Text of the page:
• Parushni Jathar

Pegasus Controversy

Death of Democracies


The right to privacy is recognised as a fundamental human right under Article 12 of the Universal Declaration of Human Rights Act, 1948, which states as follows: "No one shall be subjected to arbitrary interference with his/her privacy, family, home or correspondence, nor to attack upon his/her honour and reputation." Every human, whether it is an ordinary citizen, netizen or a high-class lawyer, journalist, everyone has the right to privacy as much as it is to any authoritarian regime. These recent events that were brought to light are highly unacceptable for the fundamental human rights being ridiculed in such a manner.

Pegasus is one of the most skilled cyber-surveillance which when infiltrated in your iPhones or Android devices and can give access to the operator of your call-logs, texts, WhatsApp chats, GPS data, contact lists, and more. Hence to summarise, your entire mobile is virtually present in the attacker's hands.

One of its petrifying features is that when two or more Pegasus infiltrated devices come within the same proximity, they automatically begin to record the conversation. If the user switches those devices, then the current GPS location will be delivered to the attacker.


The Wired, along with 16 other international media outlets, have uncovered the widespread abuse of this high-grade surveillance. To this, NSO Group, which created Pegasus, insists that they only deal with "vetted governments" who are using it against criminals and terrorists. The leak contains a list of 50,000 targets, out of which 37 have been confirmed to have the Pegasus infiltration, according to the forensic reports reported by the Washington Post. A Paris-based nonprofit media organisation, Amnesty International, initially had access to the leaked list and shared that with media partners as part of the Pegasus project, a reporting consortium.

To this, NSO responded by denying every allegation and claiming that Amnesty made wrong assumptions and uncorroborated theories.

Amnesty International even filed a criminal case in Israel's court, which failed to stand.


When the investigating media outlets approached the respective countries with the allegations, their forefront spokesperson denied all the allegations of abusing the prowess of cyber-surveillance.

Media outlets who have been working on this leak came up with a list of 1000 alleged victims from over 50 countries. In their discovery, there were a cluster of suspected victims in 10 countries, Kazakhstan, Morocco, Rwanda, Saudi Arabia, India, Bahrain, Hungary, the United States of Emirates and Azerbaijan. This included a Saudi journalist, Jamal Khashoggi and his subordinates, including his fiancé. Jamal Khashoggi was brutally murdered while visiting the Saudi consulate in Istanbul, Turkey. The spyware was found in his fiancée's phone days after the murder.

Similarly, a Mexican Journalist, Cecilio Pineda Birt, appeared twice on the list months before his murder. Devastatingly, his phone was disappeared from the crime scene, to which NSO claimed that the possibility of the spyware in his cellphone doesn't confirm the ties with his murder.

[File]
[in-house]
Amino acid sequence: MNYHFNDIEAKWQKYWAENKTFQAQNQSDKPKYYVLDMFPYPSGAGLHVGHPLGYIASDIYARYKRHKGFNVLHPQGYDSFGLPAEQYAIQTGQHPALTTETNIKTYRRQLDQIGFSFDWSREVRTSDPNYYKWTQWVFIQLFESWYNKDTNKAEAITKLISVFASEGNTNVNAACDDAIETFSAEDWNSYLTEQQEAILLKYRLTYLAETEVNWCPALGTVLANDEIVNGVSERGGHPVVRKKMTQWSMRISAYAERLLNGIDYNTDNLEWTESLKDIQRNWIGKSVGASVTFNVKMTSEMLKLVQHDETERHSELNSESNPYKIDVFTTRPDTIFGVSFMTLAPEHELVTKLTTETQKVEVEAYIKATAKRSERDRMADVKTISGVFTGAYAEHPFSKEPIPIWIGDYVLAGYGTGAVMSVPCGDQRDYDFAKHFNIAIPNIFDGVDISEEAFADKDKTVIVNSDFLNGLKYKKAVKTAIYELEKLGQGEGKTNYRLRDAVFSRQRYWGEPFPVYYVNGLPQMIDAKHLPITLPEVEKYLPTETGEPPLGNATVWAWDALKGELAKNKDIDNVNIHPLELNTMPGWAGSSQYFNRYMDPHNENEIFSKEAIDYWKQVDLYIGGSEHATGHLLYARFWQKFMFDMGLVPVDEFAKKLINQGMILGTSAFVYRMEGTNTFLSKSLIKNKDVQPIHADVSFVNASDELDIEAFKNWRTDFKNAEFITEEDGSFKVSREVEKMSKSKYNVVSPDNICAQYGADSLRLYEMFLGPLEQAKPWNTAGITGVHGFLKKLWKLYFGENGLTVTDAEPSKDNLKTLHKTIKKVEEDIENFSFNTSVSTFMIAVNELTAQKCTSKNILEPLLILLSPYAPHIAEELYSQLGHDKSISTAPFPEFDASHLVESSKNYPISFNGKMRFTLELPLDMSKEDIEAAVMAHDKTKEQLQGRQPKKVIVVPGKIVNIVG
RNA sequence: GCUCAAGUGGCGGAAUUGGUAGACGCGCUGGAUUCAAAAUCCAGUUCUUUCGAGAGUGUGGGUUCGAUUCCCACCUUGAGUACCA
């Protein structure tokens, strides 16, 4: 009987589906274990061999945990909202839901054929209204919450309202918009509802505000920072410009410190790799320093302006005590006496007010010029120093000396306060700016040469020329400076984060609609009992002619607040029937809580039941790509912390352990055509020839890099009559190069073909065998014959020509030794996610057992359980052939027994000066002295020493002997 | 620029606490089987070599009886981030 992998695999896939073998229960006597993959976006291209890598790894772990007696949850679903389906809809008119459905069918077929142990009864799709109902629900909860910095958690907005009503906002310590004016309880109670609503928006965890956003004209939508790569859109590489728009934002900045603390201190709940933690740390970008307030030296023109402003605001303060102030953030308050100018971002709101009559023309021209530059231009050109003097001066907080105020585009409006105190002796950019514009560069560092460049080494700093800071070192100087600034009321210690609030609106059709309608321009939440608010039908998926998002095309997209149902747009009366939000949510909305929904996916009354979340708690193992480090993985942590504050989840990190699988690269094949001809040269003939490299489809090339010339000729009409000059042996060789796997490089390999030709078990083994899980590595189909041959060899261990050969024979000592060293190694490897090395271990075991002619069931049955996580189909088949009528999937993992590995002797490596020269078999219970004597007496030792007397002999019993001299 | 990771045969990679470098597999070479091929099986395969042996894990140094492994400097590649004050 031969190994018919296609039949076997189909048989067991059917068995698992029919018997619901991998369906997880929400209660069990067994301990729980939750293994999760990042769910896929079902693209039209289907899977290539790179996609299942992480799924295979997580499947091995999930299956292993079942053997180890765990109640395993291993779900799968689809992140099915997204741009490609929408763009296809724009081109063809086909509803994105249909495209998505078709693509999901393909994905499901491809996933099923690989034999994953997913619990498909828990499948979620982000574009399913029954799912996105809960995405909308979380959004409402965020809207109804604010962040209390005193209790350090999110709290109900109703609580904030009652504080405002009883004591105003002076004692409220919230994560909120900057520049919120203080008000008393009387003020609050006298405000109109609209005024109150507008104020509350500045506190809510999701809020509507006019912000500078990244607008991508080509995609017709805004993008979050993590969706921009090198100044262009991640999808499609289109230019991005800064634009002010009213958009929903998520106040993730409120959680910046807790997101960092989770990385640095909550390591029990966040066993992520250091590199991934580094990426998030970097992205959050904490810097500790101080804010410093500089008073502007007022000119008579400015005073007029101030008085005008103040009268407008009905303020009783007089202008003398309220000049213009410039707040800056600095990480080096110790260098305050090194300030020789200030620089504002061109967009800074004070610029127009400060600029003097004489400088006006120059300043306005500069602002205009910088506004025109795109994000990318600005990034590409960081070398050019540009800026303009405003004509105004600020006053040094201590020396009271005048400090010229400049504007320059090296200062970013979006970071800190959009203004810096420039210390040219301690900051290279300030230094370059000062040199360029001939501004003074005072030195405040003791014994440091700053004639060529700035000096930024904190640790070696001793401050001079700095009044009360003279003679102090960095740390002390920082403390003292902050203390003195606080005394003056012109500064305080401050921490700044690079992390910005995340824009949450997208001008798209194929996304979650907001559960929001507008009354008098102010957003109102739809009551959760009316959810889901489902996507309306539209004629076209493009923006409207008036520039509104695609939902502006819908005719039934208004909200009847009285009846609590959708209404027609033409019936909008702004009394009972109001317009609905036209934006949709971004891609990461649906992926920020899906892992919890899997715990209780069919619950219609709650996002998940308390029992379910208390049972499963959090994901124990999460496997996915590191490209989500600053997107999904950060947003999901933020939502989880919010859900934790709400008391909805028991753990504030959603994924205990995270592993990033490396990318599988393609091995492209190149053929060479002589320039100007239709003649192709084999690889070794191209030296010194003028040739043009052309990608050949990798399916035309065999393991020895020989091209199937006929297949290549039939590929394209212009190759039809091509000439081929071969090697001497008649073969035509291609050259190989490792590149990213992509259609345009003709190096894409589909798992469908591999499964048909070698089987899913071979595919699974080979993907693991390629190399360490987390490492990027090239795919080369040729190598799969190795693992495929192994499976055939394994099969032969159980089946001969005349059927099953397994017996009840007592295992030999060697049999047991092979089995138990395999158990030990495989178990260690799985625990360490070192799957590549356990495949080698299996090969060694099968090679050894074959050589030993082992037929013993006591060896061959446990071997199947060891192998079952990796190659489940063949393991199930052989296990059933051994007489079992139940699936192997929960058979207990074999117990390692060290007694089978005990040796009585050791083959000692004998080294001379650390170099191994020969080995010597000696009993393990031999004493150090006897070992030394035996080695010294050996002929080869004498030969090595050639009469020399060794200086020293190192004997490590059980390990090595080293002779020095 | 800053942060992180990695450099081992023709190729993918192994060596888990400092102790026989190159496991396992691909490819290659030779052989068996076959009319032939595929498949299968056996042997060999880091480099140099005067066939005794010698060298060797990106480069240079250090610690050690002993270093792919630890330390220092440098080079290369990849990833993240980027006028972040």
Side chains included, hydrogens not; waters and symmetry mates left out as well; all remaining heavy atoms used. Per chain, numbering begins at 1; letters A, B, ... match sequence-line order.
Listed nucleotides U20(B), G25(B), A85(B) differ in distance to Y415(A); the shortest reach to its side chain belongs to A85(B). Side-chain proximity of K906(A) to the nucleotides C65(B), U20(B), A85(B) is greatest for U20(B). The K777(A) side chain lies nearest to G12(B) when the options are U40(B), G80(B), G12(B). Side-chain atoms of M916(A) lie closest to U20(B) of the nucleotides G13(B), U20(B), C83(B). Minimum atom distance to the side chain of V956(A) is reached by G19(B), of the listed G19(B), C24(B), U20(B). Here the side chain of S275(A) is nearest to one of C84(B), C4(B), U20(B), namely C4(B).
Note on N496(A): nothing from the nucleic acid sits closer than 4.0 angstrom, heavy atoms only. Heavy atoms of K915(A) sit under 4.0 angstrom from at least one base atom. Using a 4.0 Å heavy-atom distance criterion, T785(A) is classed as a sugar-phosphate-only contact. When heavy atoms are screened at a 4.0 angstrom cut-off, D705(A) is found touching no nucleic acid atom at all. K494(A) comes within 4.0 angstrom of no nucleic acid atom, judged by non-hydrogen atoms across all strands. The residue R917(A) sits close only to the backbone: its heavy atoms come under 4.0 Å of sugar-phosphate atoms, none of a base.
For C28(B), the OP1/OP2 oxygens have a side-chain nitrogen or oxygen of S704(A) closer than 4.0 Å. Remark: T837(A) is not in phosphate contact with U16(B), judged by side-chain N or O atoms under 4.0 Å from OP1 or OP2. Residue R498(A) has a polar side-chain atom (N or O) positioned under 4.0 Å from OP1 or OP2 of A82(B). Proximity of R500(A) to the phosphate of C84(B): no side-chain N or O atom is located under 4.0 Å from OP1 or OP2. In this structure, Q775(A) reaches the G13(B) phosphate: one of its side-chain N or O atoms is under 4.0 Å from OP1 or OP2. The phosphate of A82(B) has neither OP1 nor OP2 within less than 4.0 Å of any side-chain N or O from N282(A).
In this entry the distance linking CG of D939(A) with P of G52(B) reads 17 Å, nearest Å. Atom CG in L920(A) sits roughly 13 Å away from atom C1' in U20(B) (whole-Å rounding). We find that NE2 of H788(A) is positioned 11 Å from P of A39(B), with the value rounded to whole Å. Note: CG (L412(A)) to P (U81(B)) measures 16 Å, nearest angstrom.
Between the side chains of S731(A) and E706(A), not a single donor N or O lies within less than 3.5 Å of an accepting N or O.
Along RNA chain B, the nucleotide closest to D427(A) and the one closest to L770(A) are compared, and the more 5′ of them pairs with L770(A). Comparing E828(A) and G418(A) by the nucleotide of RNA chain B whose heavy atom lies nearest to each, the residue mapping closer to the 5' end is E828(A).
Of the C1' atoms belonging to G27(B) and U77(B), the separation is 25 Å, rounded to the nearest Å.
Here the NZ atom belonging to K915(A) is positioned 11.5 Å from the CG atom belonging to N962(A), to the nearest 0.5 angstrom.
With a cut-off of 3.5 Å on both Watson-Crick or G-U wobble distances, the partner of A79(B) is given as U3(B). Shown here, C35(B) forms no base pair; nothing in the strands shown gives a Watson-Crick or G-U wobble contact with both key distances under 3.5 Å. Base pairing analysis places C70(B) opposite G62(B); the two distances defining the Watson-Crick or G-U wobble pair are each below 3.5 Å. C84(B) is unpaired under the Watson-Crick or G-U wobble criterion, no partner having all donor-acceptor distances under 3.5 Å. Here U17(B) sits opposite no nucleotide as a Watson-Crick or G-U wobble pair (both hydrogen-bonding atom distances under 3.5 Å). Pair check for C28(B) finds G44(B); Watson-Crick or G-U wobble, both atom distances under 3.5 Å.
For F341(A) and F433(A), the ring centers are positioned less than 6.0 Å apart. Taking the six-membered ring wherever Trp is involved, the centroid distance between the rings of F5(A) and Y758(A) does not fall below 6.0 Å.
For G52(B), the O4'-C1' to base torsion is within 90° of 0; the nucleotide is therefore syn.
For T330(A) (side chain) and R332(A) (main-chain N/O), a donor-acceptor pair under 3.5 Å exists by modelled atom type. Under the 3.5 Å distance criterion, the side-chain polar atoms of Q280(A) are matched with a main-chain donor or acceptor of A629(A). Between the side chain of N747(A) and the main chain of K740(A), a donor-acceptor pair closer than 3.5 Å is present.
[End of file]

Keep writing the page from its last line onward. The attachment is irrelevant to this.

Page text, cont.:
More than 40 journalists, three opposition leaders, and two ministers in the ruling party's government have been reported to be on the list in India. This includes one of the prominent leaders of the opposition party. But since he changed his device, Amnesty couldn't do a forensic investigation to find traces.

The Indian government as well has denied the allegations.

Although during the recent events, a beat journalist, Rupesh Kumar Singh of Jharkhand, had been arrested by Central Reserve Police Force (CRPF) and Bihar police and was later bailed out of jail after 6months due to no charge sheet being produced. This journalist claimed to be framed as a Naxalite by the state police. This journalist's three phone numbers were on the list. During an interview with the 'News Laundry', he stated that the police admitted to tapping his devices during his interrogation. To some level, there is a possibility of corroboration for a person who has been on the brunt of the police, who was framed, arrested and released.



It is not an exaggeration to say that this is the biggest story to have broken in recent years. It is not an authoritarian regime going after dissidents, nor is it a terrorist group getting spied on. The list of the leak, as a broader outlook, has no pattern; the targets are simple to beat journalists who cover election commission news or activists who are trying to stop the unfair cutting of trees. Pegasus is not cheap spyware, which means the intended targets are intended to be high value. If these allegations against the "vetted government" are true, then the taxpayers' money is used to abuse this sophisticated spyware. When high profile lawyers, journalists, opposition party leaders are being spied on, it is the absolute exploitation of the spirit of Democracy. Accountability lies at the heart of democratic government. The current system displays critical weaknesses, but these can be addressed. Everyone can rest only when someone is held accountable. Without accountability, will the spirit of democracy rest?


Sources

The Daily News

Washington Post

Indian Press

Al Jazeera

News Laundry

The Wired

The Hindu